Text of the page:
I was at my friend Dave Humphrey’s house on Saturday night, sitting on his screened porch, drinking coffee, and listening to a nearby tractor drown out the sound of the wildlife: a lovely evening. In the course of the conversation, Dave mentioned the way that I use email to send letters rather than messages and use this blog to write essays rather than posts. “Luke,” he said, “you need to learn to write for the web,” though he knows that this cause is lost. Because our conversation was not focused on this topic directly, and because our wives put up with too much pseudo-intellectual discussion from the two of us already, I did not respond much to Dave’s remark, but I was struck by the indefinition, at least for me, of what it means “to write for the web.” What characteristics distinguish this mode of writing from other modes? What is gained and lost by this kind of writing?
I have no intention of trying to address these questions fully in this format. A book would probably be required, and I have neither the degree of interest required to finish it nor any degree of hope that someone would publish it. However, several ideas have occurred to me since our conversation, and perhaps they may serve as the basis for a more serious thinking of the topic.
1. Writing for the web seems to imply first of all speed. It is written quickly, published immediately, received by its readers almost instantly. Its value is in its currency. The email’s advantage over the letter is that it can be sent immediately from where I sit at my desk and be received instantly by its intended audience. The advantage of the blog over the newspaper column is that I can update it, edit it, and syndicate it in real time. The characteristic of speed is so central to writing for the web that it is almost definitive of the mode.
2. Because writing for the web finds its value in its currency, it also tends to be characterized by brevity. Emails are generally shorter than letters. Messaging is shorter yet. Twitter even shorter. All of this, of course, is to facilitate speed. Writing for the web must be brief in order that it be current.
3. Because writing for the web is driven by both speed and brevity, it is also characterized by functionality. It is hardly writing in this respect. It is communication. It tends toward the shortform, the acronym, the image, the list, and the phrase. It values functionality over literary interest. This is not always bad, of course. There are times when speed and clarity of communication are to be valued over literary style, but functionality in writing for the web has almost entirely displaced the literary.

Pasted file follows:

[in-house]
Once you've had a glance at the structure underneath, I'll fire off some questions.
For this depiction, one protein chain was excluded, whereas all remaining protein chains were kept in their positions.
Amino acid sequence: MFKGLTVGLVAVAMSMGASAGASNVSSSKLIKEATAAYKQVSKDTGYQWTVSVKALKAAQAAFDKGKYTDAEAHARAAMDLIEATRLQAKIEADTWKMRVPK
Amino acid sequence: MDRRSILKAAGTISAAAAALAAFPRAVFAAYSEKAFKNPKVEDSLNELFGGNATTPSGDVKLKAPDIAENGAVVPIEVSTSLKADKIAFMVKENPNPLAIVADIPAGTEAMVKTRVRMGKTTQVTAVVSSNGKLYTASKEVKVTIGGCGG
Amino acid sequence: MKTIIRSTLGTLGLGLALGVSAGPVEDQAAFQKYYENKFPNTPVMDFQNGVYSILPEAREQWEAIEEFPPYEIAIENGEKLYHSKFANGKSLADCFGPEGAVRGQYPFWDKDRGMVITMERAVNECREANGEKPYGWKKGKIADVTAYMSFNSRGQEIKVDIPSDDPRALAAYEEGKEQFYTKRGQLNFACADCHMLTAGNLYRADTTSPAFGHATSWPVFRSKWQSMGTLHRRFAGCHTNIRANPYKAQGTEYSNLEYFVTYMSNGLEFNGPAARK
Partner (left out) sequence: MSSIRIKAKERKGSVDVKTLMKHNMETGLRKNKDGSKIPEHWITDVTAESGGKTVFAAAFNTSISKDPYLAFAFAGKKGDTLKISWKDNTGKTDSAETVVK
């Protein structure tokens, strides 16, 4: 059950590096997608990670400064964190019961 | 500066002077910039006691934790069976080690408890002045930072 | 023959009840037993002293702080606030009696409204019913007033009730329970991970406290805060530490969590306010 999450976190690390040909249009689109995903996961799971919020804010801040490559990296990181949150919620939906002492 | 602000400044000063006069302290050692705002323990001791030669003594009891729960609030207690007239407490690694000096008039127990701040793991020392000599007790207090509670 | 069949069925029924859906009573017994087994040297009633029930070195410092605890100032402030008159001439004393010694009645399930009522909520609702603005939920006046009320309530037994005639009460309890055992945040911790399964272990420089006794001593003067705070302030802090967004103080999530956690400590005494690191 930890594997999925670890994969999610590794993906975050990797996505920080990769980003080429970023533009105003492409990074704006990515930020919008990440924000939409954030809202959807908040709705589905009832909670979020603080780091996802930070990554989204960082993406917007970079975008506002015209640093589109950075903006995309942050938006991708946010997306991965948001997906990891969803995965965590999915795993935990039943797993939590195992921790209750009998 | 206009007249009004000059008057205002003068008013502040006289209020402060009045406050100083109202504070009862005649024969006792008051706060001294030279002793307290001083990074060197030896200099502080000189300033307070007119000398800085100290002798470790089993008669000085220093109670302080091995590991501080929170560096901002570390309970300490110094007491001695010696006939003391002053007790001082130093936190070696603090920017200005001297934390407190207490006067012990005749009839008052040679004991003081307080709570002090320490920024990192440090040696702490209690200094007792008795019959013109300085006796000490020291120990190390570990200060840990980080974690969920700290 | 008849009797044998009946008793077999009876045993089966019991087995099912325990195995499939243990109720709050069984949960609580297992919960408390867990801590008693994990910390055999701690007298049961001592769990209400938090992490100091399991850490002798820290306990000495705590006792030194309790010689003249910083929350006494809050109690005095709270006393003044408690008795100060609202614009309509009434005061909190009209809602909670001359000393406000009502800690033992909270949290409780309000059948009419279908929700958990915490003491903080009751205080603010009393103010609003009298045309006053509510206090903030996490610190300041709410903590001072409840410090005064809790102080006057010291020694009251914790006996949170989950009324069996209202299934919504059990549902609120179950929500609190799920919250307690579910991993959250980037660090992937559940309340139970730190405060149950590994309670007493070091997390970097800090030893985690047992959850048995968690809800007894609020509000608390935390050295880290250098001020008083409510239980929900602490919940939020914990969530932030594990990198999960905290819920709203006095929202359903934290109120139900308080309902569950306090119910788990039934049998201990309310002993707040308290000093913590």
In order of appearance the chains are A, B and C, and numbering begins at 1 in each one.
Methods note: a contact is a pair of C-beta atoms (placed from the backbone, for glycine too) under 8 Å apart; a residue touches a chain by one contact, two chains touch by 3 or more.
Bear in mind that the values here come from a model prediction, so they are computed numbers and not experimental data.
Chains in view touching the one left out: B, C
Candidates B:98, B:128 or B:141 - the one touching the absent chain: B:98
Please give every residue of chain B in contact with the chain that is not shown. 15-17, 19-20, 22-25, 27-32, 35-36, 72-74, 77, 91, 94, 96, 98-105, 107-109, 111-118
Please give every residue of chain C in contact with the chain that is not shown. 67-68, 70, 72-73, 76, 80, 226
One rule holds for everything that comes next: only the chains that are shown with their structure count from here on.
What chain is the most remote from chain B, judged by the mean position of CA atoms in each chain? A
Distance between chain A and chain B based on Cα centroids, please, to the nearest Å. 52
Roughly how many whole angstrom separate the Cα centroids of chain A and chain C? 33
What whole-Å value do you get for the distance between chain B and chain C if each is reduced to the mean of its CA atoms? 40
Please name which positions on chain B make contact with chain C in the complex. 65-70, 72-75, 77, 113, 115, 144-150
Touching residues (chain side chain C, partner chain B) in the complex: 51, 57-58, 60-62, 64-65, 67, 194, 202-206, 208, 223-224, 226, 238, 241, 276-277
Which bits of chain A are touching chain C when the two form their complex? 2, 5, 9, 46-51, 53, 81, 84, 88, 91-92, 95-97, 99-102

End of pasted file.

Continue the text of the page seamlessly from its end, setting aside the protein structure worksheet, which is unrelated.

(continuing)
4. Because writing for the web is concerned with speed, and therefore brevity, and therefore functionality, it is also concerned mostly with the present, rarely with the future or the past, with preservation and archivization. While the web is certainly used to archive many things, and while certain functions of the web are focused exclusively on archiving knowledge, writing that is for the web is not often preserved, is not often intended to be preserved. It is possible but not likely that a famous figure’s collected emails will ever be published in the way that collected letters were published in the past. Not only would the contents of these emails probably be of much lesser literary interest because they have lost their currency, but there is every chance that they would not even exist, having been deleted as soon as they were written and received. Messaging and twittering would never even be of interest to posterity at all, dealing entirely with the trivial and the transitory. In this respect, blogs are perhaps different, because one of their central functions is to archive, but there still remains the question of how much of this sort of writing will be worth reading once it has lost its currency.
In any case, it is for these reasons and othes that I choose to write the web differently. I choose to write letters as well as messages, to archive the letters I send, and to archive the letters that people actually write me in return. I choose to write essays rather than posts, to be as concerned with the words that I use as I am with the ideas that I communicate. I choose to write slowly in a medium that demands speed. I choose to write lengthily in a medium that demands brevity. I do so, not only because it pleases me to do so, but because I want to raise for others the question of how writing for the web has perhaps prevented us from being writers at all.